Holiday home investment tips
With many South Africans about to migrate to different holiday destinations throughout the country, those who are looking for a way to make the most of the money they may have saved up might be considering buying a second property or holiday home as a solid long-term investment.
This is according to Adrian Goslett, CEO of RE/MAX of Southern Africa, who says while being a full-time landlord may not be for everyone, there are other options for buyers who would like to invest in a second property. He says based on the fundamental economic principle of supply and demand, a well-chosen holiday home for example, is a great way to own property and make money by renting it out to holidaymakers during peak seasons.
Goslett says many holiday homes offer excellent potential income during holiday seasons, and this way, investors have the opportunity to reap the benefit of owning an immovable asset that helps pay for itself.
Interest rate on overdue levies
The age-old debate continues on whether the interest rate charged on overdue levies should have a maximum or whether bodies corporate should continue charging the rate they feel is necessary, says Mandi Hanekom, operations manager at Propell.
It has also been mentioned as to whether the Prescribed Rate of Interest applies in cases such as these, which is currently set at 15.5 percent per annum, but previous case law shows that the PRIA rate does not apply to sectional title scheme levy interest amounts.
When the trustees determine what interest rate to charge, it would usually be the rate that they would have to pay, were they to borrow money in lieu of the levies due. If one were to compare the PRIA rate to what is charged commercially, it is not high enough, she says.
Prescribed Management Rule 31 (6) allows trustees to determine the interest rate charged on overdue levies in their scheme and to recover the amounts due by all means necessary.
Identity theft still a major problem
It is important that business leaders and employees proactively take steps to minimise the impact of fraud by promoting anti-fraud awareness and education.
Identity theft in particular, occurs when someone uses your personal identifying information, without your authorisation, in order to commit fraud or other offenses, such as obtaining loans, services or credit. Identity theft is one type of fraud that affects both businesses and individuals, explains Sharon Coppola, legal risk and compliance executive at information services group, Experian SA.
“Identity theft is widespread and don’t ever think it can never happen to you because without the right precautions it can,” says Coppola.
Fraud awareness is critical as organisations and individuals around the world lose revenues annually as a result of fraud related crimes, she says. Identity theft in particular, occurs when someone uses your personal identifying information, without your authorisation, in order to commit fraud or other offenses, such as obtaining loans, services or credit.
7 home staging tips for selling fast
According to statistics, nearly 90 percent of home buyers will look for property online before using any other method. This means that in today’s age of modern technology and digital shopping, a home’s online listing photo has become one of the most important marketing tools when trying to match the right buyer with their dream home.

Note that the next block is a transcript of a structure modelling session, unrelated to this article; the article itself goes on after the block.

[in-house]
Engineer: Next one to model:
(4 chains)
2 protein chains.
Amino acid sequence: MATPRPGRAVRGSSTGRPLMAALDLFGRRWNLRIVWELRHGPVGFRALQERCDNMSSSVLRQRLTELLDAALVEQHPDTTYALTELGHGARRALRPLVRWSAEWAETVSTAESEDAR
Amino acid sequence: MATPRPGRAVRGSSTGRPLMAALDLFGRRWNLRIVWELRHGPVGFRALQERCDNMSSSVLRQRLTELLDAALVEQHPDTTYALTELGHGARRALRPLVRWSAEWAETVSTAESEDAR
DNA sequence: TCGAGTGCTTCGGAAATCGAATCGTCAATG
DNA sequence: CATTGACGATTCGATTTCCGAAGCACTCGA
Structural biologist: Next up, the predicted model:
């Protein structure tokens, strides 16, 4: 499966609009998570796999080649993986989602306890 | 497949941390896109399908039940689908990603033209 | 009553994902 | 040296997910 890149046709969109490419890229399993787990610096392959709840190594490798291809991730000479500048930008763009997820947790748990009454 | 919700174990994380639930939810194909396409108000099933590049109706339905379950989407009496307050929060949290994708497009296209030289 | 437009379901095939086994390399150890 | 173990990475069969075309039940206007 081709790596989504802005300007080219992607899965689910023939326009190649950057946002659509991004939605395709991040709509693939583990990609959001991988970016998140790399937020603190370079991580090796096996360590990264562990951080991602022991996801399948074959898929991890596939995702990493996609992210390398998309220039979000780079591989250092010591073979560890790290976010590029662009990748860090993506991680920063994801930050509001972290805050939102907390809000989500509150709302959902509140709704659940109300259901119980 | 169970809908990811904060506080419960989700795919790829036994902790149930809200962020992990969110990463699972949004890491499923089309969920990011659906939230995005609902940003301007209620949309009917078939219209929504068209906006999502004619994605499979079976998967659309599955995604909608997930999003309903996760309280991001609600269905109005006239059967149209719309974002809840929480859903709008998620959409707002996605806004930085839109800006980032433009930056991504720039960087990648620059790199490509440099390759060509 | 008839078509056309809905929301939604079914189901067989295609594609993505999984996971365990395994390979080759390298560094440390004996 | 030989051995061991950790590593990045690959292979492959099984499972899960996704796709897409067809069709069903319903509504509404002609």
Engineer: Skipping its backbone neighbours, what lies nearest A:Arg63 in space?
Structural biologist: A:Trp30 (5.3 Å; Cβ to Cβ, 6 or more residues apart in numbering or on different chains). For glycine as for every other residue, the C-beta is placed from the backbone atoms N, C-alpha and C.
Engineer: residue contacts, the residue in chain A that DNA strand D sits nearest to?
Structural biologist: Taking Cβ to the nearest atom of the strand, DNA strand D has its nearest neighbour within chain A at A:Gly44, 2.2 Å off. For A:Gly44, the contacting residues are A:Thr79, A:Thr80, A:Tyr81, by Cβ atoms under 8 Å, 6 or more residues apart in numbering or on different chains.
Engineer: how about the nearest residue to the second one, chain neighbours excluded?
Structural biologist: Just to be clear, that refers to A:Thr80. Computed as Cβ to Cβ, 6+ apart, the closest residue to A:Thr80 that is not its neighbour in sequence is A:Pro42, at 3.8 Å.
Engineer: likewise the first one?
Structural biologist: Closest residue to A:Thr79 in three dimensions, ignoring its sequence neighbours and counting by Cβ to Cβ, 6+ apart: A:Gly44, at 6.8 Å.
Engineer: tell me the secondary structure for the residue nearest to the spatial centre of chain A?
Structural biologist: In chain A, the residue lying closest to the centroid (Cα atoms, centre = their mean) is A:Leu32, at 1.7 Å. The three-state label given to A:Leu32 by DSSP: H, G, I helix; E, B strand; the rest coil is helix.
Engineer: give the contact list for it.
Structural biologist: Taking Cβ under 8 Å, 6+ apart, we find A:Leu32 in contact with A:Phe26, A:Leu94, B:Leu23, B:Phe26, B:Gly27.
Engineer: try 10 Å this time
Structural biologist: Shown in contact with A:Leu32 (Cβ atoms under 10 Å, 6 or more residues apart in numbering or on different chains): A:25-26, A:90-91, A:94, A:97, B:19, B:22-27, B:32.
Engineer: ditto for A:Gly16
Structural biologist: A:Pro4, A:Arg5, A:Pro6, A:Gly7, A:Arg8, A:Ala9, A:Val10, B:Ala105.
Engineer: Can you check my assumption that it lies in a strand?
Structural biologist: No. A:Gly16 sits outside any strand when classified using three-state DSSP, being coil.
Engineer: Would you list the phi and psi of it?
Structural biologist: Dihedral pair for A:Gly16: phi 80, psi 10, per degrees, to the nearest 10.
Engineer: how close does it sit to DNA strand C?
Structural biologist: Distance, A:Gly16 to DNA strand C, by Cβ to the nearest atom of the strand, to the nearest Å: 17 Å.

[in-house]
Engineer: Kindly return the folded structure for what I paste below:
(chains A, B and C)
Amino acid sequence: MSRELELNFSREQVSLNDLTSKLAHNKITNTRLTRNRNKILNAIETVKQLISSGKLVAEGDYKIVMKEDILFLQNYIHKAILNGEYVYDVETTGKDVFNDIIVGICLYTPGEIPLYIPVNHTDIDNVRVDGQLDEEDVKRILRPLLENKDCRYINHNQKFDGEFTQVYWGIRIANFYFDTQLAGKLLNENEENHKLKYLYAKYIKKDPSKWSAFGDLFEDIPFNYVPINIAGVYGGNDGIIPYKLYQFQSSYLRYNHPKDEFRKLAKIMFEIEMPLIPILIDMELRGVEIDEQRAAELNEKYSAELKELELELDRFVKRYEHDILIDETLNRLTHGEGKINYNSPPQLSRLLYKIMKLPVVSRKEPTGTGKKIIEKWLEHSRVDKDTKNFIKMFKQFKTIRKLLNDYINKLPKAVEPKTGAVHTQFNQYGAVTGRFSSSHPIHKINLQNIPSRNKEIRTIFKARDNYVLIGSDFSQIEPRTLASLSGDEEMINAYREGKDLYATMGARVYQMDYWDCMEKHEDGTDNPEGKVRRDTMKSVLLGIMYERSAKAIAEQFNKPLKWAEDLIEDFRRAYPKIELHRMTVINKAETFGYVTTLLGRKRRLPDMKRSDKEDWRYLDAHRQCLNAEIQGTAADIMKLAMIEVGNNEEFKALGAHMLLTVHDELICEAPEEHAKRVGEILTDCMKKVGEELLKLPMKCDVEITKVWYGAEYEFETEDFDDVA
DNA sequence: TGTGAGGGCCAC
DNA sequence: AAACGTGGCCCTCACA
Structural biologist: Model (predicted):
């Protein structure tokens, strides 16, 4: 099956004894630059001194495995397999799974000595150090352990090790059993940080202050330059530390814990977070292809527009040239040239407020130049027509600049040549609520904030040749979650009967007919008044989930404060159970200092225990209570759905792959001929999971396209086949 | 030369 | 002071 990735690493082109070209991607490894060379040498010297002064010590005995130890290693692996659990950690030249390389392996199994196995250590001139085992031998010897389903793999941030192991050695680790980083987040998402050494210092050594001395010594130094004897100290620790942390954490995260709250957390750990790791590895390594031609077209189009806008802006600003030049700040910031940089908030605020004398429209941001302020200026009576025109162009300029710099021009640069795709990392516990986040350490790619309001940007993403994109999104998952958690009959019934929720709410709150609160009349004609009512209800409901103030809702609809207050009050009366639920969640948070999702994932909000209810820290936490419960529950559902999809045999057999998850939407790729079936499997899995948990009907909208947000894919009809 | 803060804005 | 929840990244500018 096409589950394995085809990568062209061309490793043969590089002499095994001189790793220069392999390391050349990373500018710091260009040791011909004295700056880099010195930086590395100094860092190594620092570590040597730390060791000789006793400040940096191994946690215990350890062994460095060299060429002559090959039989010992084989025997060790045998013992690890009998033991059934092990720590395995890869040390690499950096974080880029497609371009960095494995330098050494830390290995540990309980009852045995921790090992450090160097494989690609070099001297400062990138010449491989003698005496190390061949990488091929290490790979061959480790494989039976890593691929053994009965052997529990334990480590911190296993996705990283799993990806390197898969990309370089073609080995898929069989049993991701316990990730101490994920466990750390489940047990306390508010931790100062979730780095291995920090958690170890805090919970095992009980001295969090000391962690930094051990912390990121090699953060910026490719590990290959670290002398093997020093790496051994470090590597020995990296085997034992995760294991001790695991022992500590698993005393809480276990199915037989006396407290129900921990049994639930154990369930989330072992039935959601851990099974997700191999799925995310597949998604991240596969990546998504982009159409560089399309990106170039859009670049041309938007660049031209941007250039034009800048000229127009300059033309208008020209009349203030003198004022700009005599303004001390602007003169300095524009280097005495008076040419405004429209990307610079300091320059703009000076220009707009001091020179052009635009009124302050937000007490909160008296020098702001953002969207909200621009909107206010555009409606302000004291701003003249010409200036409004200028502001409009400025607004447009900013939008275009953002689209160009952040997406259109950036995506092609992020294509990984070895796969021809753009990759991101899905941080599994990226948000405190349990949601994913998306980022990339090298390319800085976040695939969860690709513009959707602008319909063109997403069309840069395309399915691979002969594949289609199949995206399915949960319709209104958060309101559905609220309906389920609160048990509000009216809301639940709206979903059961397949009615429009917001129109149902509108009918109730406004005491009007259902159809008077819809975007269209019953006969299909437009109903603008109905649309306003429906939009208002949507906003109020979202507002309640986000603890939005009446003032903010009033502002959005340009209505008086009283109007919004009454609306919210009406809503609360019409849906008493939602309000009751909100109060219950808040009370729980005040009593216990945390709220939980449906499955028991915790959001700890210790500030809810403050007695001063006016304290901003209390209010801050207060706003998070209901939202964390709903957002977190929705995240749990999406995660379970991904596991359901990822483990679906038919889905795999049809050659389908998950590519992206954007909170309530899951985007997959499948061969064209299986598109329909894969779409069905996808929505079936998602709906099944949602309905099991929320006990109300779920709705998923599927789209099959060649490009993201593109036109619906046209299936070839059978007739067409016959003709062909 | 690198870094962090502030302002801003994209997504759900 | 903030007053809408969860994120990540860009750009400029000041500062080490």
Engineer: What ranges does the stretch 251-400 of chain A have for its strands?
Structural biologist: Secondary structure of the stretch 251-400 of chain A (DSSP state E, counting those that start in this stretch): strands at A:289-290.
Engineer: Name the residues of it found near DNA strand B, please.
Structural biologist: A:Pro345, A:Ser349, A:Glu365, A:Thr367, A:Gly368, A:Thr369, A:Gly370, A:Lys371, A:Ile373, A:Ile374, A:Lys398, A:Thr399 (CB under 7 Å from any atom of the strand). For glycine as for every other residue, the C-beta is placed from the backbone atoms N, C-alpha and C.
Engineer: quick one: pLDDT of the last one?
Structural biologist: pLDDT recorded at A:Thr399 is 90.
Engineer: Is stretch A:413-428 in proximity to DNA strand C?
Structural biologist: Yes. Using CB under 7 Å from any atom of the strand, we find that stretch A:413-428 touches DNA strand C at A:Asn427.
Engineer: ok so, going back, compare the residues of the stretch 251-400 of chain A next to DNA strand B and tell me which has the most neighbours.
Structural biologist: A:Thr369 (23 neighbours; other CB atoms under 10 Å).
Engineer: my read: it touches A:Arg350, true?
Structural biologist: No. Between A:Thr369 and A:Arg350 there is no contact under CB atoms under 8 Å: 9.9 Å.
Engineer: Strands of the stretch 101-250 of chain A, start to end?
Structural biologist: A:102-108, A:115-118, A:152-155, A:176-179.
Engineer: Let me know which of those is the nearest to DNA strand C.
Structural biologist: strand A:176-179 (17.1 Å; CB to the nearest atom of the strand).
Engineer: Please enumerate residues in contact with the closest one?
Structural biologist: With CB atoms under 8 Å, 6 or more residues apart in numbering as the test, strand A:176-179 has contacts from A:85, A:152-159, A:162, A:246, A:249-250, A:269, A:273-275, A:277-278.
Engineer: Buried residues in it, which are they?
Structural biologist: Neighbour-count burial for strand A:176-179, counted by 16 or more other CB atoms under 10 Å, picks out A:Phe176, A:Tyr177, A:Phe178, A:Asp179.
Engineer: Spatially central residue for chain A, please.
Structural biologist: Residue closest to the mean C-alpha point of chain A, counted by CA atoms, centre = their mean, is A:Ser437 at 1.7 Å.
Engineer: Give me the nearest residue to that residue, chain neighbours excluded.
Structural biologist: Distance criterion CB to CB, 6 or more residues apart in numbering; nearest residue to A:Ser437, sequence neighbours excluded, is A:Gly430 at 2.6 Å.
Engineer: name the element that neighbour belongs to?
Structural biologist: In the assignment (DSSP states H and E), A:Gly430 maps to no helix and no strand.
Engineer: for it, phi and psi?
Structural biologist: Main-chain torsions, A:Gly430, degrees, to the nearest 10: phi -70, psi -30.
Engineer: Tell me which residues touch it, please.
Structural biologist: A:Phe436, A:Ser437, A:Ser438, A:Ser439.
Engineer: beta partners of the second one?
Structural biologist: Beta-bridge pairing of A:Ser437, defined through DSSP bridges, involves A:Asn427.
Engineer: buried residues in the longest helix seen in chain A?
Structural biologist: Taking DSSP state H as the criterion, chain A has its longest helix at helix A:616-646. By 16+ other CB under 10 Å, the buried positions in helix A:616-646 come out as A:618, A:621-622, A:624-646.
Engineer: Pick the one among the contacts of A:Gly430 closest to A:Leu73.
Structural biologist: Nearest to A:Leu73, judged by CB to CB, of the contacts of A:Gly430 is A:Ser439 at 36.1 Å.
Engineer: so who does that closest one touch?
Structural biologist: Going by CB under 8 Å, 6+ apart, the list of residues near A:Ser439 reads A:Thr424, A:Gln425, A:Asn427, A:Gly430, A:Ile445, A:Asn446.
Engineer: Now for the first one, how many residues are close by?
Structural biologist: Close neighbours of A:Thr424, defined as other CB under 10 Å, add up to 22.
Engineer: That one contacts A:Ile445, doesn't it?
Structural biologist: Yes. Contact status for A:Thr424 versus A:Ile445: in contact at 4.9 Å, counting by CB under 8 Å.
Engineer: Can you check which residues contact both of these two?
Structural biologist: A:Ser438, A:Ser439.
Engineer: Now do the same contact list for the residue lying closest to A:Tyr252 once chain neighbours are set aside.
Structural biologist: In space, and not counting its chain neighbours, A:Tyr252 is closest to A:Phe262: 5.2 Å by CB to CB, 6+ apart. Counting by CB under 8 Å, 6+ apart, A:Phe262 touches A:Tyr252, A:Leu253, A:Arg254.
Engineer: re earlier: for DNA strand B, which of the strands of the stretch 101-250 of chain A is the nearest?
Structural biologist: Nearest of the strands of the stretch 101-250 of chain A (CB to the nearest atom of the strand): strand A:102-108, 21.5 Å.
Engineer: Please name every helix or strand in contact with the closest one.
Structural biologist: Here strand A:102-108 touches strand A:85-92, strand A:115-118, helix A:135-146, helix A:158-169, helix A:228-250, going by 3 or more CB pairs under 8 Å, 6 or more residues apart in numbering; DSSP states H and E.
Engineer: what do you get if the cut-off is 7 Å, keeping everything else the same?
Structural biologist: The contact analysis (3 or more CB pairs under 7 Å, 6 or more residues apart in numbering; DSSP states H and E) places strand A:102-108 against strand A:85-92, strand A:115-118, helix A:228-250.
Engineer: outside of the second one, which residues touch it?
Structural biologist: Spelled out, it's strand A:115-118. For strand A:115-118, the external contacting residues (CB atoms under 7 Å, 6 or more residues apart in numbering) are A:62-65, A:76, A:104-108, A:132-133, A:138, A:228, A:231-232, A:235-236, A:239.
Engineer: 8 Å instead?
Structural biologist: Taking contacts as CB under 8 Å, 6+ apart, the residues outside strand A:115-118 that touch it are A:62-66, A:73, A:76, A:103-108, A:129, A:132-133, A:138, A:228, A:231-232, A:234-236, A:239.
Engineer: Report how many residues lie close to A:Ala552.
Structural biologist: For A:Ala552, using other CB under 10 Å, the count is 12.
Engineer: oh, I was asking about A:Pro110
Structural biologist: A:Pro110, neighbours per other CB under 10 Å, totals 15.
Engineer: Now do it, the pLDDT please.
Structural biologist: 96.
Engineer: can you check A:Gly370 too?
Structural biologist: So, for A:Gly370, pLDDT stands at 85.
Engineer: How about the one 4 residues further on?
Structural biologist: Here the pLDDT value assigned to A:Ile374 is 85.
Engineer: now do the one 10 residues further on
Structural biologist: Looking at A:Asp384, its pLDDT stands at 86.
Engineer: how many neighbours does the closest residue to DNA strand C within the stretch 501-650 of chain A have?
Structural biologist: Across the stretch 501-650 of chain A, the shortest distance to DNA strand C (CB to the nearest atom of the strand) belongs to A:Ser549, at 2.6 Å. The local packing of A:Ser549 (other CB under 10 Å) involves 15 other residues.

This is according to Adrian Goslett, CEO of RE/MAX of Southern Africa, who says a beautiful home could easily be overlooked if the photo of the property is a bad quality image that does not show the property in the best possible light.
He says as the first impression of the property, it is important that the photos highlight the home’s best features and draw the buyer’s attention for the right reasons.
Goslett says buyers are not likely to want to see more of a property if they don’t like what they see in the initial photos, so sellers who want the best chance of selling their home need to ensure that they are happy with the images used when listing the property for sale.
Homes in estates and gated communities
From a rare occurrence to about 4 percent of formal residential properties, estates might become an even more common option in the future housing market.
“With rising security concerns we’ll see a greater diversification to gated properties which might also be more tailored towards affordable properties,” says Hayley Ivins Downes, head of property at Lightstone.
A recent survey by Lightstone reveals a rise in estate living in South Africa noting that even though the amount of new properties built inside estates are comparable to pre-housing boom volumes it should be remembered that new developments in general have also declined.
Estate developers and risk assessors will find value in not only considering the absolute price of potential projects but also the rate at which estate property values are currently growing.
Developers to appeal council decisions
Hard lobbying by the SA Property Owners’ Association (Sapoa) to drive the appointment of a Services Appeal Tribunal in Mpumalanga province has paid off.
The purpose of a Services Appeal Tribunal is to allow property developers to appeal decisions made by municipalities and obtain independent resolution in such matters.
Sapoa took up the cause after numerous concerns were raised by local Sapoa members, who pointed out that such a Tribunal is already provided for in Section 124 of the provincial Town Planning and Township Ordinance 1986.
There has been no Tribunal in place for more than three years.
Neil Gopal, chief executive officer of Sapoa says as the voice of the commercial and industrial property market in South Africa, they appreciate the Province's decision to act swiftly to correct the situation.